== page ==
Darren Benitez

Melissa Moniz
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Friday - February 01, 2008
| Del.icio.us

The 411

Dear Mama
Dear Mama

Making good on his kolohe childhood days, Darren Benitez’s newest album release Dear Mama doubles as a tribute and apology to his mother.

Mama Benitez also makes a guest appearance on the album singing with her son, I’ve Got A Mansion.

“Practically, this album is centered around my mom,” says Benitez. “I always wanted to feature her and have her on one of my recordings. And I actually wanted to have her on my first CD, so this time I got her in the studio with me.”

In 10 years since the release of his second album Mother of the Sea, Benitez has had lots of time to fine tune and sculpt the album into what he feels is his best yet.

“This album is more polished and involved more hard work and concentration,” says Benitez.“I am more satisfied with the sound than I am with the first and second one. This one I really pushed it harder.”

One of Hawaii’s greatest falsetto singers, Benitez says that he always loved music, but he was always too shy to actually sing in front of people.

“I remember one day I came home from school, and while I was cleaning the house, I was singing along with one Hui Ohana album. I never know our neighbor was in the kitchen, and she told me, ‘You have nice falsetto.’ And I was like, what is that? I never even know what the word meant. I was about 17 or 18. So singing was always in the back in my mind, but I was always shy.”

With 20 years in the music business, now it’s no shame. Try asking him what falsetto means now.


 

Q’nA

You wrote the title song Dear Mama. Can you talk about your inspiration to write that song?

That song took me about six or seven years to write. I had to search my soul. When I was younger, I would always use my mom’s van and tell her that I’d be right back and not come home until the next day. My sister used to tell me that I should have called because Mom couldn’t sleep. I never understood all that until one time I got home and I could hear my mom gasping for air. Then I could hear what my sister was trying to tell me. I felt funny, and the words just started to come to me. Every now and then I would add on words. It’s like a letter of apology.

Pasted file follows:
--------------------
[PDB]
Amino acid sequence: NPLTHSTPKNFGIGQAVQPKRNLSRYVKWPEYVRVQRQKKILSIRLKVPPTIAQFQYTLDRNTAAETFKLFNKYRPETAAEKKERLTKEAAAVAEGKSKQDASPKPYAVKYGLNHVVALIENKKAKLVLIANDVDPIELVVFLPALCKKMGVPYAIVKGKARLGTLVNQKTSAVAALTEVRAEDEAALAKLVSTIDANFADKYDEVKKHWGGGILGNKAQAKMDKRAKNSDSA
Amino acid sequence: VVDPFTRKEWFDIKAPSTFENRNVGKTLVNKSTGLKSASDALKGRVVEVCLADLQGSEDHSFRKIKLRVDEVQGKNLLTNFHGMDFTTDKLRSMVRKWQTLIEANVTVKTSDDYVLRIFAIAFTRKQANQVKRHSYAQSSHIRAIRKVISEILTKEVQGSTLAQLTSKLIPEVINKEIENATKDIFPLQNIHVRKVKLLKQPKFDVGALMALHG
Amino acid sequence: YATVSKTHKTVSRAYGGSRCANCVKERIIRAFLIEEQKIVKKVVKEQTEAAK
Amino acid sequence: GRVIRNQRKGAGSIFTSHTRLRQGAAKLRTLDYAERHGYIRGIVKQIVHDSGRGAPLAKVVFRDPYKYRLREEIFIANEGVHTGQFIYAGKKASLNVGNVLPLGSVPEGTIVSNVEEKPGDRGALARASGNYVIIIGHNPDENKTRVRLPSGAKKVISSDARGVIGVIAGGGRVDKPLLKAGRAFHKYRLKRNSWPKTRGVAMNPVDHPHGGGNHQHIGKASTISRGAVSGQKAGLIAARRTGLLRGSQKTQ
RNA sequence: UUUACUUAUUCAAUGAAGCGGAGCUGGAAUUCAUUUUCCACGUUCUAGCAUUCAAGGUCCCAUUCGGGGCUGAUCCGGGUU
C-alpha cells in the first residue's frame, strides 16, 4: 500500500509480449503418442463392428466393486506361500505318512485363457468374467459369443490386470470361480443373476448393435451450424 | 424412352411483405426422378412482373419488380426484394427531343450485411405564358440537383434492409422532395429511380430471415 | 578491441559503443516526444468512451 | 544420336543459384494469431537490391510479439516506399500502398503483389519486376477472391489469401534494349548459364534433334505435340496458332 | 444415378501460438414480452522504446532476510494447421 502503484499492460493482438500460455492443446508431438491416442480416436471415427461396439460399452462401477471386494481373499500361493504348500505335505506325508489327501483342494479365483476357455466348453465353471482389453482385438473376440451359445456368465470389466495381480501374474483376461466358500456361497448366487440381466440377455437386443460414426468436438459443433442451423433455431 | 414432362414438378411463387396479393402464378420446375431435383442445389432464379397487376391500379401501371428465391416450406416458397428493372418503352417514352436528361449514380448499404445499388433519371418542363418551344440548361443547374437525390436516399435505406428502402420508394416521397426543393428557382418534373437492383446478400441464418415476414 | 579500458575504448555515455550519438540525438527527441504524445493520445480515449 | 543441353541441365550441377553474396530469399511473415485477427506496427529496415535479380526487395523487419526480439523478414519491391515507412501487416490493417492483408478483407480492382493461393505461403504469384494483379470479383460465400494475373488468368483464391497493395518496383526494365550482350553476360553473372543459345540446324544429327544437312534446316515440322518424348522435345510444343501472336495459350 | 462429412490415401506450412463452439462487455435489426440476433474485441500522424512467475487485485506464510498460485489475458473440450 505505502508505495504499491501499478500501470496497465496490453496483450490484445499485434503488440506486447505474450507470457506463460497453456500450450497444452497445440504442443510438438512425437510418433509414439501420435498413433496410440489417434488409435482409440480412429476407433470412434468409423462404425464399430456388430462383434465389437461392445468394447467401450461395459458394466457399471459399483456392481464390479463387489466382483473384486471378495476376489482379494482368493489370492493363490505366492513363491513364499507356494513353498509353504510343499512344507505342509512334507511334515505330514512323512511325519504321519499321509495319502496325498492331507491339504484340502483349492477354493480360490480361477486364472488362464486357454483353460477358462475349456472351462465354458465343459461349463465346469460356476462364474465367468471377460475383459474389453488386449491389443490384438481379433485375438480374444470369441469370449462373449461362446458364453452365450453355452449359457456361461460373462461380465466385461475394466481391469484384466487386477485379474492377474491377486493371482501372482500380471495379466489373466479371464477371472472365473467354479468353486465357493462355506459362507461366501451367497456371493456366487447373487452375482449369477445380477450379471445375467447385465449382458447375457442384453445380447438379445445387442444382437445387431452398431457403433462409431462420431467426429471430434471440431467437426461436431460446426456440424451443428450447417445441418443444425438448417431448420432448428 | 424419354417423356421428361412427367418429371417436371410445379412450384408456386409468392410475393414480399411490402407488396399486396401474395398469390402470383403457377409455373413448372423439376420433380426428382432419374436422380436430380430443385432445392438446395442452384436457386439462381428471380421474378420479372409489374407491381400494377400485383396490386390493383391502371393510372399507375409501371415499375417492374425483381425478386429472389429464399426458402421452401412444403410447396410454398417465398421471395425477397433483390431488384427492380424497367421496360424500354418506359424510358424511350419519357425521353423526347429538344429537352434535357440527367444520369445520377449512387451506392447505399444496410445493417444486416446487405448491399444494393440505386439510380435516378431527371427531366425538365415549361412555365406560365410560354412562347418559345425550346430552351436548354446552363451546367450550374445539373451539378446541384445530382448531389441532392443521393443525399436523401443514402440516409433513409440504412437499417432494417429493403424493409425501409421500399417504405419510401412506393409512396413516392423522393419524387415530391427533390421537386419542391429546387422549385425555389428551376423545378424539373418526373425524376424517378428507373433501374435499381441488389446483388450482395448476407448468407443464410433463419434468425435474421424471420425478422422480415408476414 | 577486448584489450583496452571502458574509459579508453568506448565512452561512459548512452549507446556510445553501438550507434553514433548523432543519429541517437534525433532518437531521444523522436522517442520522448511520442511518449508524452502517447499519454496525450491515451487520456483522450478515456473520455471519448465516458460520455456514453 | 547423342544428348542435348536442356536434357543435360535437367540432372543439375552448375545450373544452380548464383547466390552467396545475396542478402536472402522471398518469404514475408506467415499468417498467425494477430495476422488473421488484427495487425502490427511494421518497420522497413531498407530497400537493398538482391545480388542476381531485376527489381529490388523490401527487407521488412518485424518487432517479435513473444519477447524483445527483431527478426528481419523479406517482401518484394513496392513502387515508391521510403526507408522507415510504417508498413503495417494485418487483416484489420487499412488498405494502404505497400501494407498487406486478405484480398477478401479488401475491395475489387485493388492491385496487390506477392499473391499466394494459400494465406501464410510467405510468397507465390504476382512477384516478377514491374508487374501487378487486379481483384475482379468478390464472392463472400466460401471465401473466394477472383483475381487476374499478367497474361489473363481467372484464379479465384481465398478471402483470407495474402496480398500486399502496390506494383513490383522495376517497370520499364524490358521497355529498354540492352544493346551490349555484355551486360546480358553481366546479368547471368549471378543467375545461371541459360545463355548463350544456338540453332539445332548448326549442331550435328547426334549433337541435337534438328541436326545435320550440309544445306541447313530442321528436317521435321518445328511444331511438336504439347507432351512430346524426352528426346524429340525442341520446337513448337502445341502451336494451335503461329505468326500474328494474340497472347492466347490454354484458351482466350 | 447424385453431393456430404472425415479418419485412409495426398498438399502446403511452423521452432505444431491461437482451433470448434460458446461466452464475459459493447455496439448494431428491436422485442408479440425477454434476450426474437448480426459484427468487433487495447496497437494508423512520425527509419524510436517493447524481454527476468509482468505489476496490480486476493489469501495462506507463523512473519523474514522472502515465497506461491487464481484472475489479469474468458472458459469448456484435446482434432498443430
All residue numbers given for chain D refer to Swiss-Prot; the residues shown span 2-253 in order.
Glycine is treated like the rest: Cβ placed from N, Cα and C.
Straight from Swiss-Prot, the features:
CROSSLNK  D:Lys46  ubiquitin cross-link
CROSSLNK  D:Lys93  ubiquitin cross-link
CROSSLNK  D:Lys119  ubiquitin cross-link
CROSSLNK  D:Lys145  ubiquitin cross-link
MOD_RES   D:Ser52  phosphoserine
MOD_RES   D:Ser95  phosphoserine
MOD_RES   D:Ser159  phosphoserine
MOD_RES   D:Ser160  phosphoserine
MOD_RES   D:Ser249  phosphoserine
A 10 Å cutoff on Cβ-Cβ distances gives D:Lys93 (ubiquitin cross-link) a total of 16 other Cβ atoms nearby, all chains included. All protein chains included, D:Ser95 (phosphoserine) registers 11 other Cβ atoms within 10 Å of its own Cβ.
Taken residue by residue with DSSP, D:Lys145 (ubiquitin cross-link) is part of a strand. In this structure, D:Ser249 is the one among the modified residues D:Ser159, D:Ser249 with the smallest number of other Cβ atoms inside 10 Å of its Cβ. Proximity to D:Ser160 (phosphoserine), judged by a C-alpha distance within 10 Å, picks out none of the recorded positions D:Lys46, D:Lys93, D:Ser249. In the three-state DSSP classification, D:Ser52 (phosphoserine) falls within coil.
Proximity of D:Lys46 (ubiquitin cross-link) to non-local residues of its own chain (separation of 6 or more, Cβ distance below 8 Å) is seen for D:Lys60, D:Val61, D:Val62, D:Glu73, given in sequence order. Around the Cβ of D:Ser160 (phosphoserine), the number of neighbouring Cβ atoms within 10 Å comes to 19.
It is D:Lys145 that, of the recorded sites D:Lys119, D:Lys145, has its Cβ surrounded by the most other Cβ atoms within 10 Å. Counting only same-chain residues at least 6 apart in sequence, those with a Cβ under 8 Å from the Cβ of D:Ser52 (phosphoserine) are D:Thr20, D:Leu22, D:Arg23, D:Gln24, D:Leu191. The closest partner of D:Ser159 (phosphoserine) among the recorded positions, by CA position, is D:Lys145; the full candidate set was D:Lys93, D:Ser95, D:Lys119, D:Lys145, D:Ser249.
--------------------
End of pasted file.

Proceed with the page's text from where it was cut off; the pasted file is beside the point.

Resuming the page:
You dedicated this album to Robbie Lindsey Sylva, who passed away in 2006. Can you talk about your relationship with him?

We grew up together. I met him in ninth grade. We lived in the same neighborhood and we used to hang together. I didn’t sing when I was growing up, so in my early adult days, he and my other friend heard me sing and asked me if I wanted to record. So they gave me a break.

What kind of music did you listen to growing up?

A lot - Hawaiian, Puerto Rican, country. I love country.

Where is the most amazing place music has taken you?

Japan. I haven’t really traveled a lot in the U.S. I went to California and Las Vegas. I really want to go to the East Coast. I’ve never been to The Grand Ole Opry. I would faint if I go in there.

Who has been your biggest musical influence?

Uncle Johnny Lum Ho. His creativity in the music and the stories behind the songs is really intriguing and interesting. I love his music.

How did you start working with Uncle Johnny Lum Ho?

Back in 1989 I had a job as the Hawaiian Trio on a cruise ship, and everytime I would dock in Hilo I would watch Uncle Johnny Lum Ho’s show. I fell in love with their music, and I ended up quitting my job on the ship and I went to Hilo to play music with them. So since 1990 I’ve been performing at Merrie Monarch with Uncle Johnny.

What is it about falsetto that you love?

The sounds and the feeling. It comes from within.You cannot just use your throat, you have to use your soul. You have to push it. It’s a beautiful feeling.

Aside from music, what else fills up most of your days?

Stay home, help my mom and go to the beach.

What has been your biggest musical accomplishment?

Just making my CDs. It’s a challenge in itself, but it’s also such a joy.

What else do you want to accomplish musically?

I still want to make more recordings. I want to travel more. When I see people happy, that makes me happy.

Is there anything you want to say to your fans?

I want to thank all my fans and everyone who loves Hawaiian music. And please no burn ‘um, buy ‘um.

 

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